CLEVELAND—One inopportune slip of the tongue about an employee's medical condition (or perceived medical condition) could convert a defensible disability discrimination claim into a knock-down, drag-out fight culminating in a risky jury trial. “Regarded as” disability discrimination claims are supposed to be blind to whether an employee actually suffers from a physical or mental impairment that limits a major life activity. These claims protect individuals who are able to meet a job's requirements from an employer's perception of an inability to perform the job's functions because of a medical condition. What happens, however, when an employer makes a personnel decision with no knowledge that the employee suffers from some medical condition? Can the employee still claim that the employer “regarded” him or her as disabled? According to one recent decision from an Ohio court of appeals, the answer is no. In Field vs. Medlab Ohio, the employee alleged that her employer transferred to her a less favorable sales territory and ultimately terminated her because it perceived her as suffering from alcoholism (a protected disability). The court disagreed, because Medlab had no knowledge of the woman's condition at the time it made its decisions regarding her employment. While an inopportune slip of the tongue about an employee's existing—or perceived—medical condition can be all it takes, this case illustrates good outcomes do result from employment decisions made without reference to impairments, regardless of an employee's underlying medical issues. Jon Hyman is a partner in the Labor & Employment group of Cleveland-based Kohrman Jackson & Krantz. He can be reached at 216-736-7226 or [email protected]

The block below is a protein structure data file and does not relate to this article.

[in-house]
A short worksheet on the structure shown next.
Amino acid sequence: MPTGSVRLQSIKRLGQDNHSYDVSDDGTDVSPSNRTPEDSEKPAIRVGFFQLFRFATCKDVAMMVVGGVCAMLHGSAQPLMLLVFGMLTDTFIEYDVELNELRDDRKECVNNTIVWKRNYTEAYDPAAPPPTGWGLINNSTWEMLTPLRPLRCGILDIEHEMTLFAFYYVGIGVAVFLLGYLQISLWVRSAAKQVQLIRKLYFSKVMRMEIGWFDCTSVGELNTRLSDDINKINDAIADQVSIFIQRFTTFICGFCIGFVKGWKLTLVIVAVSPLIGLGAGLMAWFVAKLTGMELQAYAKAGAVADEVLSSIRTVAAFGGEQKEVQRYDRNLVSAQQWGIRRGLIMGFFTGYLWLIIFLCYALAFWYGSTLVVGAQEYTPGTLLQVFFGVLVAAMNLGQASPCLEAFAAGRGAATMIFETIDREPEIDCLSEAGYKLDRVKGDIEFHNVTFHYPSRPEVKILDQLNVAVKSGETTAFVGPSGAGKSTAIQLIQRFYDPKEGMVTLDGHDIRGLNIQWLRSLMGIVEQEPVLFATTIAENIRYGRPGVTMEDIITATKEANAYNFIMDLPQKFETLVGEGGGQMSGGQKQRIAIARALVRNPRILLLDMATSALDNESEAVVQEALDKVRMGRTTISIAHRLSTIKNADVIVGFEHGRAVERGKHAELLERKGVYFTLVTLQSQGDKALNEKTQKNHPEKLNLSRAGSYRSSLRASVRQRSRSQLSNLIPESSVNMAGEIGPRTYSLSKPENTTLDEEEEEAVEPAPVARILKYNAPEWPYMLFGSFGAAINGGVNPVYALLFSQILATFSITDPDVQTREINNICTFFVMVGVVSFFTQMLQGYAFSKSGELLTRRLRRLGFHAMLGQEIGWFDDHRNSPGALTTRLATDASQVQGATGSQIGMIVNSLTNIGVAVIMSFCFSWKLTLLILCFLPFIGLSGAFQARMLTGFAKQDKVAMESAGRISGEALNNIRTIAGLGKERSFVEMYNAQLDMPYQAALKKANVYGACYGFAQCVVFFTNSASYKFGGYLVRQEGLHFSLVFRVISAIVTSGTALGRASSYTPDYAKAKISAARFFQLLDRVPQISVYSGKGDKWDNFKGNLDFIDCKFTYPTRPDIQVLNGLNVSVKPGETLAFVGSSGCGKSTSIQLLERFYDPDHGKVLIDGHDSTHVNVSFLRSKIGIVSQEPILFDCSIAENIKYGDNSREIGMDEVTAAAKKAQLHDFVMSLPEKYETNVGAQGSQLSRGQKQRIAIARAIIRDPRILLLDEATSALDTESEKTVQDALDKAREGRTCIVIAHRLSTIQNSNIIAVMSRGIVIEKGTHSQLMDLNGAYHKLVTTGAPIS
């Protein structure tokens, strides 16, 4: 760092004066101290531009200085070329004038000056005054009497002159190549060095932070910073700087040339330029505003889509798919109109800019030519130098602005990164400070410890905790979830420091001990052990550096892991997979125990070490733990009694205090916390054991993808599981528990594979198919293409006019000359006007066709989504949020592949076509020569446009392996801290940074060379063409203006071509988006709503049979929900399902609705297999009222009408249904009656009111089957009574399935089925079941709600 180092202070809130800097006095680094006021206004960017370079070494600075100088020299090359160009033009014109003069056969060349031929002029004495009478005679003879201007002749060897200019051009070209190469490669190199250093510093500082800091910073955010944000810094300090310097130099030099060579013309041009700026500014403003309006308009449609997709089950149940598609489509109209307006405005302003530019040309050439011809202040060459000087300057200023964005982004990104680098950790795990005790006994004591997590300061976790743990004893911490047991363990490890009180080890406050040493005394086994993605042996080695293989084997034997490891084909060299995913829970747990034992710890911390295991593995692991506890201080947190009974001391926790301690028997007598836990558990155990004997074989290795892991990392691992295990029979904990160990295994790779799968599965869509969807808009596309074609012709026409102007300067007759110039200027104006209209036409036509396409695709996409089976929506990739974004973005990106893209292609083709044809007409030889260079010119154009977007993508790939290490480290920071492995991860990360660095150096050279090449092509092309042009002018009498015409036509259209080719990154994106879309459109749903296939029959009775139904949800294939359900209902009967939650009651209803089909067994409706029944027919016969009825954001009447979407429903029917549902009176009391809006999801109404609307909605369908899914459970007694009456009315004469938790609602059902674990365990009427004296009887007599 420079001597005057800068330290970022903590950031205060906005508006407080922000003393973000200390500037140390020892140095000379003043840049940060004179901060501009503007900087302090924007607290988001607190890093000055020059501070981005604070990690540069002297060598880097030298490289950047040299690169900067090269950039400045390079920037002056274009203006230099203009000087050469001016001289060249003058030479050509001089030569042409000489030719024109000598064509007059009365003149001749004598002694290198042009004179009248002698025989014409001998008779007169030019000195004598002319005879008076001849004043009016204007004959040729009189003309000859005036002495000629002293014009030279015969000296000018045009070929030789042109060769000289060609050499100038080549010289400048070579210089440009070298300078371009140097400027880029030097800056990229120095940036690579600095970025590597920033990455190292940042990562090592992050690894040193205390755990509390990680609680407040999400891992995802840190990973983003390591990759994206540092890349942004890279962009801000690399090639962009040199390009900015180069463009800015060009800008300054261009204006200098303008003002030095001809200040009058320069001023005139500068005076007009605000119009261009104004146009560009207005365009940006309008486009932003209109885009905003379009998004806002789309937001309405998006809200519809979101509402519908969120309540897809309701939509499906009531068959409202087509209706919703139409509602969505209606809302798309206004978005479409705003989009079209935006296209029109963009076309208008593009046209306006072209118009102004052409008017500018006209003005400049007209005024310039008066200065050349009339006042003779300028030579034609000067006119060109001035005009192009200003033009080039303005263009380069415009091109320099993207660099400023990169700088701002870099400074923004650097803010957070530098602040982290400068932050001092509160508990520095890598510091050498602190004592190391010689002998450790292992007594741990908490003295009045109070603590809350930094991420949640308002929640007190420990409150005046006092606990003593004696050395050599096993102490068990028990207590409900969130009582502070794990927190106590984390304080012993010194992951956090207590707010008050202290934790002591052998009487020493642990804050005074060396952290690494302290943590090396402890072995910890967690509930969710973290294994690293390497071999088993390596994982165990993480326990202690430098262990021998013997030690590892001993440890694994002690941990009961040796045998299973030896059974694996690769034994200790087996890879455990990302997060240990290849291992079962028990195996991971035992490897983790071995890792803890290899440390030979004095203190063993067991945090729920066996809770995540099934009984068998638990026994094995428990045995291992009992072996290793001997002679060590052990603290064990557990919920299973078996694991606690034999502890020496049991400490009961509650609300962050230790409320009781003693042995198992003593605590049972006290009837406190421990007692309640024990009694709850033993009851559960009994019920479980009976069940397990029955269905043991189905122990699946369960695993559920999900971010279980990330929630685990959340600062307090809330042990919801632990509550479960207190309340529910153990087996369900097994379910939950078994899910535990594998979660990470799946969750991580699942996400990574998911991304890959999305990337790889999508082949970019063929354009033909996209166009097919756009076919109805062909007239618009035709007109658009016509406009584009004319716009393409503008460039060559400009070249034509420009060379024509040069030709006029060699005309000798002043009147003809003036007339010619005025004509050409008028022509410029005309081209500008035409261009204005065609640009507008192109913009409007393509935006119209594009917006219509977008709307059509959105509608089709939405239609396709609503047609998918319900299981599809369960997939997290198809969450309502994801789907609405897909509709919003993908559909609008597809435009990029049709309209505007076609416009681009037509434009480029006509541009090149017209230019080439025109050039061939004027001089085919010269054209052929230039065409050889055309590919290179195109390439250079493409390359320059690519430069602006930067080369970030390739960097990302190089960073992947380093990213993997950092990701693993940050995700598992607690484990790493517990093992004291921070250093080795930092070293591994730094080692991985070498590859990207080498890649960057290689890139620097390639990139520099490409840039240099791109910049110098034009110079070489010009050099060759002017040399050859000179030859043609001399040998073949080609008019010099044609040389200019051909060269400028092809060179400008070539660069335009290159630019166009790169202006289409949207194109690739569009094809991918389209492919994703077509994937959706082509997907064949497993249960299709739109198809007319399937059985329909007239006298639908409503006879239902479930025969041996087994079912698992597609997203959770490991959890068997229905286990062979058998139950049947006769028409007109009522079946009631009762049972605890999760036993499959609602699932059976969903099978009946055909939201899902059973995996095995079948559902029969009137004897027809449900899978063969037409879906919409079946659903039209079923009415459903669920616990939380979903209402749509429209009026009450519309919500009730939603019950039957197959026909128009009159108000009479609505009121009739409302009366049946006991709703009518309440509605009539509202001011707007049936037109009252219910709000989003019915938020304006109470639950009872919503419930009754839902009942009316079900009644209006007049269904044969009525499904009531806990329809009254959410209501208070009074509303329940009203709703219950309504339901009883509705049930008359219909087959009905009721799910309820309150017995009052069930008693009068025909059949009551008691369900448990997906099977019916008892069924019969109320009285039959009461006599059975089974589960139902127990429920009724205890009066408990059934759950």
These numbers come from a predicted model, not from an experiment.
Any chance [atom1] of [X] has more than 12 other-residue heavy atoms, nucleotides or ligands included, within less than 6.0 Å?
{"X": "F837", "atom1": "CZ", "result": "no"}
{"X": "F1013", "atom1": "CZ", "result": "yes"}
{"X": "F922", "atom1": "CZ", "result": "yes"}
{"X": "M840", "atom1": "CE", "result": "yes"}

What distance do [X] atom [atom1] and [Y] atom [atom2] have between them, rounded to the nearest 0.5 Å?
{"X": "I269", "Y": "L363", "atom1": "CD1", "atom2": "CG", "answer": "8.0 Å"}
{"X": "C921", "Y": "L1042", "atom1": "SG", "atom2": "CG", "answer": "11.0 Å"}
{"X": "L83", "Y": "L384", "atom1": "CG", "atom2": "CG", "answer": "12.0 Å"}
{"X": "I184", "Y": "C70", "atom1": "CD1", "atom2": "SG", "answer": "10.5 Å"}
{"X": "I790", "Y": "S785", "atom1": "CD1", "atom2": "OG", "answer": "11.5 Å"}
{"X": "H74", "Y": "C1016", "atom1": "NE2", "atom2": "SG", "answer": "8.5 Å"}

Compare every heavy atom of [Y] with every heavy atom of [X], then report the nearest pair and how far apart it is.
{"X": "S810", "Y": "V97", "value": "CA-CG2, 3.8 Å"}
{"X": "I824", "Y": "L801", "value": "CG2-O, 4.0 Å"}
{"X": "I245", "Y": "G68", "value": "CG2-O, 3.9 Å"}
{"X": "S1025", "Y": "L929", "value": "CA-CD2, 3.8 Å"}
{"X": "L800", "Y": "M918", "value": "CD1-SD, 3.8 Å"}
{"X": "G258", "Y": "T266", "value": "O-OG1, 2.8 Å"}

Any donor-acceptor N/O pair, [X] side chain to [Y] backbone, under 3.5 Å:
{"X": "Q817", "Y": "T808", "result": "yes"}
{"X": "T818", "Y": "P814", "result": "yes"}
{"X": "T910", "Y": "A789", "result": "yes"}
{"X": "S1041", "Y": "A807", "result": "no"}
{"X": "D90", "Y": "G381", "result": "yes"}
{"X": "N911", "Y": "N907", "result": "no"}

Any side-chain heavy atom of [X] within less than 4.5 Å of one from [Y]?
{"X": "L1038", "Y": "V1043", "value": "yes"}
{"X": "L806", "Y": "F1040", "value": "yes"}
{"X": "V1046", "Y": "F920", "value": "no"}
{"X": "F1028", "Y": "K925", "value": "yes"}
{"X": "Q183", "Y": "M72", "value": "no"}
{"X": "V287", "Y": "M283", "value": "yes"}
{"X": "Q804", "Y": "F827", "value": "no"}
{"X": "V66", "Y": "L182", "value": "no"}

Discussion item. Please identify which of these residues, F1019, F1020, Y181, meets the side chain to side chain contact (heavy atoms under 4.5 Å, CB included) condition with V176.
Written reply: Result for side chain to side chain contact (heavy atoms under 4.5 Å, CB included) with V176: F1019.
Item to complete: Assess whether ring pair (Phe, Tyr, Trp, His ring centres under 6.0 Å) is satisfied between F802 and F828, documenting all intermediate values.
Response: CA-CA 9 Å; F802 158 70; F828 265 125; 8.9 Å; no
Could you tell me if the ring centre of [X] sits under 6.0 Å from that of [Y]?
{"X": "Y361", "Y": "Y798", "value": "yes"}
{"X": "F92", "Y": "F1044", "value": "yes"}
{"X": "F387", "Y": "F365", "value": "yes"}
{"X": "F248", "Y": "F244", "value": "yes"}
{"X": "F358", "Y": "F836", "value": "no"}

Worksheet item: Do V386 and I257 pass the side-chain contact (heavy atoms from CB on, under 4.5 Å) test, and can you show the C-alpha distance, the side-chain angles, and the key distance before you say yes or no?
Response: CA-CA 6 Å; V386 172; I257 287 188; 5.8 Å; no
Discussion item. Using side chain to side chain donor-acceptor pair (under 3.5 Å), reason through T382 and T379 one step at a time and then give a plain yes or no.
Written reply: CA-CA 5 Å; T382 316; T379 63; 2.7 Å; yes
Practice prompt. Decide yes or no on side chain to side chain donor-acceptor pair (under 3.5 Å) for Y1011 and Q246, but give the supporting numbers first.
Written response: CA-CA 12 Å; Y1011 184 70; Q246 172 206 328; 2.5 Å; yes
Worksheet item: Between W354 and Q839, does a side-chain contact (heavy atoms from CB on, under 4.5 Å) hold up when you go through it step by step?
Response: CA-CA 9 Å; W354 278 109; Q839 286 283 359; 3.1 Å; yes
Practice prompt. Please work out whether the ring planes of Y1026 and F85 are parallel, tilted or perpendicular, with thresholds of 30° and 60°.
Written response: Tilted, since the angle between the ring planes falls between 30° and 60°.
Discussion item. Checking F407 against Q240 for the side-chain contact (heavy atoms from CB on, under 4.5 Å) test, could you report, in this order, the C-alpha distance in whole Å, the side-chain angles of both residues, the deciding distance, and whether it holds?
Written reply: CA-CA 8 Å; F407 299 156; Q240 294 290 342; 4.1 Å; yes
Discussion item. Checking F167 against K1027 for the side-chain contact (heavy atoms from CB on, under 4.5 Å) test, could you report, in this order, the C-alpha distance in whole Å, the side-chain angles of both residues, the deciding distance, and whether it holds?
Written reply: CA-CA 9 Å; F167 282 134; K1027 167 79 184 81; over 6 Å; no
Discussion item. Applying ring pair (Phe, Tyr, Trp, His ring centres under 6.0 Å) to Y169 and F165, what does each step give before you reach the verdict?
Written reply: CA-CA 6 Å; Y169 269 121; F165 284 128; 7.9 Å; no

Dealing with employee med issues...shhhh
Do you have an opinion about this story? Do you have some thoughts you'd like to share with our readers? Tire Business would love to hear from you. Email your letter to Editor Don Detore at [email protected].